Green Tomato Management – the Debate Newsletter
Green Tomato Management – the Debate
My green tomatoes picked after the Thanksgiving foliage killing frost.
I recently wrote the following answer for my Dallas Morning News column.
The question was: My tomato plants still have many green tomatoes. It’s November. Will they ripen? M. H., Flower Mound.
Dirt Doctor Answer: Briefly put, green tomatoes can be stored, wrapped in paper or stored in the dark in boxes. Those that have ripened to a point will turn red and fully ripen. Those that still have seed that can be cut thru will not ripen. They can only be used in relish and as fried green tomatoes - which are great by the way.
Several people challenged me and I thought you would enjoy some of their advice.
June from Dallas, Texas: Your answer was not right. In fact, last year I picked 50 green tomatoes from my vine, wrapped them individually in newspaper, placed them in two boxes with a banana in each box, and after a month, some tomatoes were ripe and within two months, all were ripe. The gas given by the banana aided in the process – my Dad shared this with me many years ago.
John from Garland, Texas: Every year I pick my late tomatoes green prior to the first freeze and set them on the kitchen counter to ripen. It takes time, but they ripen and are just great. Last year I picked 150 tomatoes off 6 plants. Yesterday I picked 55 tomatoes and will enjoy them as they ripen into January.
Lauren from Oklahoma: My grandmother was convinced that the paper/dark method allowed the green ones to ripen slower, keeping them like garden fresh tomatoes well into the winter. Her southern Arkansas tomatoes were mighty awesome and we always had them at Christmas.
Jake from Dallas, Texas: I read your column and disagree with the green tomato answer. These were picked 3 weeks ago. I put them on newspaper on the workbench in the garage and covered them with another layer.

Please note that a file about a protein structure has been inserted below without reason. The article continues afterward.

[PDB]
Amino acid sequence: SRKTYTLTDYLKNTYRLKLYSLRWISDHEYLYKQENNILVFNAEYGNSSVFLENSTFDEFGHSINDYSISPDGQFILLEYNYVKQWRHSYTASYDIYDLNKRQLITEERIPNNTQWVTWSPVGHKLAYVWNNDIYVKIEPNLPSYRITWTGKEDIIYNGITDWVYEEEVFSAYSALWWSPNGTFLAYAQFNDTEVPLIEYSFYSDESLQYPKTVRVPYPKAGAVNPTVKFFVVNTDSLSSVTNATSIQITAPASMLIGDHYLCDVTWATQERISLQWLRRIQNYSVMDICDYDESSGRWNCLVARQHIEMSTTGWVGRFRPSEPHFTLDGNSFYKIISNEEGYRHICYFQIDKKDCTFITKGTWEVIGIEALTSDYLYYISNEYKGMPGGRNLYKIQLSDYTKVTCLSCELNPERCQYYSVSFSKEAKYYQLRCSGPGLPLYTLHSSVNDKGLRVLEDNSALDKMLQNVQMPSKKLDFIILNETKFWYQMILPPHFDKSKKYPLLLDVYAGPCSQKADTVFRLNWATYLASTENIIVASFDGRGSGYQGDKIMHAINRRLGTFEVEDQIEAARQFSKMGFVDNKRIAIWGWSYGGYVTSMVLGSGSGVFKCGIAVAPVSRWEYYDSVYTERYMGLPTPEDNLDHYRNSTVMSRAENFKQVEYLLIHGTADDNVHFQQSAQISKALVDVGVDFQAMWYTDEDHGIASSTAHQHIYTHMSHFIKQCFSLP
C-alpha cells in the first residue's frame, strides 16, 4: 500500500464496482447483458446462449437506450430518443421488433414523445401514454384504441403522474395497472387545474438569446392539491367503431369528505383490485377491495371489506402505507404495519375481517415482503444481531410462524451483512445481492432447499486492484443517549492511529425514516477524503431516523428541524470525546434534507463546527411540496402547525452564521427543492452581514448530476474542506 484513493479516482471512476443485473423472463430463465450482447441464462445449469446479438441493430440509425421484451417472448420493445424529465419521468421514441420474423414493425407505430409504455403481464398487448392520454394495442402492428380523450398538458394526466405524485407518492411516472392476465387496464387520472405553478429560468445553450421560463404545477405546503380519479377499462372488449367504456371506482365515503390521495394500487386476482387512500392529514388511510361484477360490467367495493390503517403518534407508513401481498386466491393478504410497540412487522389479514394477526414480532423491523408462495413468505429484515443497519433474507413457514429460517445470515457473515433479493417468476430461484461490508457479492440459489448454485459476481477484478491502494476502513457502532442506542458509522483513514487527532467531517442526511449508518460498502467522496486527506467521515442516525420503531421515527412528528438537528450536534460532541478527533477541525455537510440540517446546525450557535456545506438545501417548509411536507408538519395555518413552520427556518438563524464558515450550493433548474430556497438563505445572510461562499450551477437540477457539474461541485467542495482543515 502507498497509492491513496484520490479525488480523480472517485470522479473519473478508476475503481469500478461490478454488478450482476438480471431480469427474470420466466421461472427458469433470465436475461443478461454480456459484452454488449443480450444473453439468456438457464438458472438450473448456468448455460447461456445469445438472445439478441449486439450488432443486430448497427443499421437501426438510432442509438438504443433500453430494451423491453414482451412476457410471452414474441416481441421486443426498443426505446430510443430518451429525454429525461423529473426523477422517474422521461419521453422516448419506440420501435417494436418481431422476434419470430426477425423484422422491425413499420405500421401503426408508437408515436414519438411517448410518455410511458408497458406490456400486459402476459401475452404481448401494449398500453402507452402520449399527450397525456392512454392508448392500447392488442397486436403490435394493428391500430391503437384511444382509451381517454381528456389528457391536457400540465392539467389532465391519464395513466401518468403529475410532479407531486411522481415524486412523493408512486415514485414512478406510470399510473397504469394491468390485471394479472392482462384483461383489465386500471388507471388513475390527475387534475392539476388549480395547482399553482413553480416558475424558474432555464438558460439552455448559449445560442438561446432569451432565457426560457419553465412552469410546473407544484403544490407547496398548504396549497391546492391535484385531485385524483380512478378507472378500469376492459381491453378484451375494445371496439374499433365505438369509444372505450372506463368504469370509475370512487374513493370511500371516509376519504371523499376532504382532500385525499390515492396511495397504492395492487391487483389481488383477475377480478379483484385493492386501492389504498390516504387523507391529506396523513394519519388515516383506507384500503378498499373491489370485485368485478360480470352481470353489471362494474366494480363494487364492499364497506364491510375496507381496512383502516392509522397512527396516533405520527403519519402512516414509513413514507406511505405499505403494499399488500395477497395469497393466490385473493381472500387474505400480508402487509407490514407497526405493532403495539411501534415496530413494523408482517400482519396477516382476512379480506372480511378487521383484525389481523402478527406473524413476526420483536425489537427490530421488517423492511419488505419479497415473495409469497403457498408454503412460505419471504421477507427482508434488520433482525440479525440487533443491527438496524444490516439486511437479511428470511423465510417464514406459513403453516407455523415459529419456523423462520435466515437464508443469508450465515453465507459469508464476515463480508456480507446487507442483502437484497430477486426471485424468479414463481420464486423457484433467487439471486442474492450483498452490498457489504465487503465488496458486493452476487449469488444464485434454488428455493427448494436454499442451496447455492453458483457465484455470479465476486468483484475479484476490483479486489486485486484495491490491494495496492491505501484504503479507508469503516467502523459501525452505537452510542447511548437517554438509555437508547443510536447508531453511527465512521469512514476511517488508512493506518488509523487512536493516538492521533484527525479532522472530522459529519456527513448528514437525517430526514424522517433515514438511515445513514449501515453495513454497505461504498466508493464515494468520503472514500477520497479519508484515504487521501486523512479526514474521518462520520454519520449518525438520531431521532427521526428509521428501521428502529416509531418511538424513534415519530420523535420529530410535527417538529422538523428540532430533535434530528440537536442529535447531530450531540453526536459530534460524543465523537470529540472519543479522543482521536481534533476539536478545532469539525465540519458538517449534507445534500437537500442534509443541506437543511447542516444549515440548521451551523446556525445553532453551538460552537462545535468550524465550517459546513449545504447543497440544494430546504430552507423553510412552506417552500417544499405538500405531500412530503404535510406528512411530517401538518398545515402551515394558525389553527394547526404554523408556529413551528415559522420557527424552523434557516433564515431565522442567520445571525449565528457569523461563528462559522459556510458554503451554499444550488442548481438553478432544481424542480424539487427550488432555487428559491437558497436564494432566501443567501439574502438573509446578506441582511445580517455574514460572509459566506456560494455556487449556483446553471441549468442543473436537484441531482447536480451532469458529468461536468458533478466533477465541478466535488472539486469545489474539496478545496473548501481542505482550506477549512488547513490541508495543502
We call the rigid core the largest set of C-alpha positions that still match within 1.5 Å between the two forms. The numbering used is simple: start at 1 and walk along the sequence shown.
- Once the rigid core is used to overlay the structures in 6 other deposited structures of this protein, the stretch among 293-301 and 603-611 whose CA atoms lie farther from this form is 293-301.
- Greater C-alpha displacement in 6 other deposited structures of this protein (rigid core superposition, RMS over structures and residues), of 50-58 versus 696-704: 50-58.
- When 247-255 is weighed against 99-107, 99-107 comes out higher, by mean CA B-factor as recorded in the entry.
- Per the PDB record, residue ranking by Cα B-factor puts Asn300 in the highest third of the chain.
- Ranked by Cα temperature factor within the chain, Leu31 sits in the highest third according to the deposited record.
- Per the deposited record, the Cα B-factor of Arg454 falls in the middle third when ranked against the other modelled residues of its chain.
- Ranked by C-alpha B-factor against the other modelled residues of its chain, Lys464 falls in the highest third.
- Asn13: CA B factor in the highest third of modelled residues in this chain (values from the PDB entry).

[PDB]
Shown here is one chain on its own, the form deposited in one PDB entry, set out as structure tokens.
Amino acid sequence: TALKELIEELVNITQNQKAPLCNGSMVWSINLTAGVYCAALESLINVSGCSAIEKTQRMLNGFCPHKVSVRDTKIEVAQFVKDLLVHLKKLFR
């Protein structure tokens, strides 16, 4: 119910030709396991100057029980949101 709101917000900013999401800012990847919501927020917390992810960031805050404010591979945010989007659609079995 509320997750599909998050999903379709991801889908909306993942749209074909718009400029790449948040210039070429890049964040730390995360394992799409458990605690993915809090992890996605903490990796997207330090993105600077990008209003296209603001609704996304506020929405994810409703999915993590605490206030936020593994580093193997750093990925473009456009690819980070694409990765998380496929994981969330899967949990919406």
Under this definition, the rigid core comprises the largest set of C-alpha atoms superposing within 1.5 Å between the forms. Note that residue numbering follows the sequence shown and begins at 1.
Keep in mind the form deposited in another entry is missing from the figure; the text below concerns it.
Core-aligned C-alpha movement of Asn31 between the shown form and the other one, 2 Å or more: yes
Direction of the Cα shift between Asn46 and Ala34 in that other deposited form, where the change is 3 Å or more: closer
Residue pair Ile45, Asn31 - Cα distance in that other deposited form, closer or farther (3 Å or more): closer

Dotty from Paris, Texas: Pick every tomato prior to freeze, put them in bedding plant trays, and elevate the trays so they are not touching. Place so you can see them, for example on a dining room table - anywhere you want so they have a light source. They do not need to be kept in the dark. Tomatoes can be touching each other in the trays. Too much trouble to wrap, they just need a light source.
Maggie from Fort Worth, Texas: A canning rule of thumb is to get the tomatoes in before frost hits the leaves. I do not put my tomatoes in the dark.
Paul from Chino Valley, Arizona: We had our first freeze at the end of October and a lot of people had green tomatoes left. Emeril Lagasse has a great recipe for spicy green tomato soup. My wife made the soup and it is good.
More options from the web for ripening green tomatoes indoors include:
Placing them on a sunny window sill. This is a hit or miss solution. You’ll have much better luck ripening mature green tomatoes. Although the tomatoes are more stable sitting on their stem side, they will rot less readily if you can place them blossom side down.
Wrapping individual green tomatoes in newspaper and layering in a box, no more than 2 layers deep. Place the box in a dark, dry spot and check weekly for progress. It usually takes 3-4 weeks for the green tomatoes to ripen, but check frequently and remove any fruits that show signs of rotting.
Placing the green tomatoes in a paper bag with a ripe apple. The apple gives off ethylene gas, which speeds up ripening. Check the bag daily.
The debate rages on. I encourage any and all comments and inputs. And finally, you can always eat your green tomatoes. Click here for tasty and delicious recipes.
If you have any questions about this newsletter or any other topic, join me this weekend for my Dirt Doctor Radio shows.
Forward this newsletter to family and friends and ask them to
Sign up for Howard Garrett's Newsletter.
Dirt Doctor, Inc. P.O. Box 140650 Dallas, TX 75214
If you no longer wish to receive Howard Garrett's Weekly Newsletter,
click reply and put Unsubscribe in the subject line.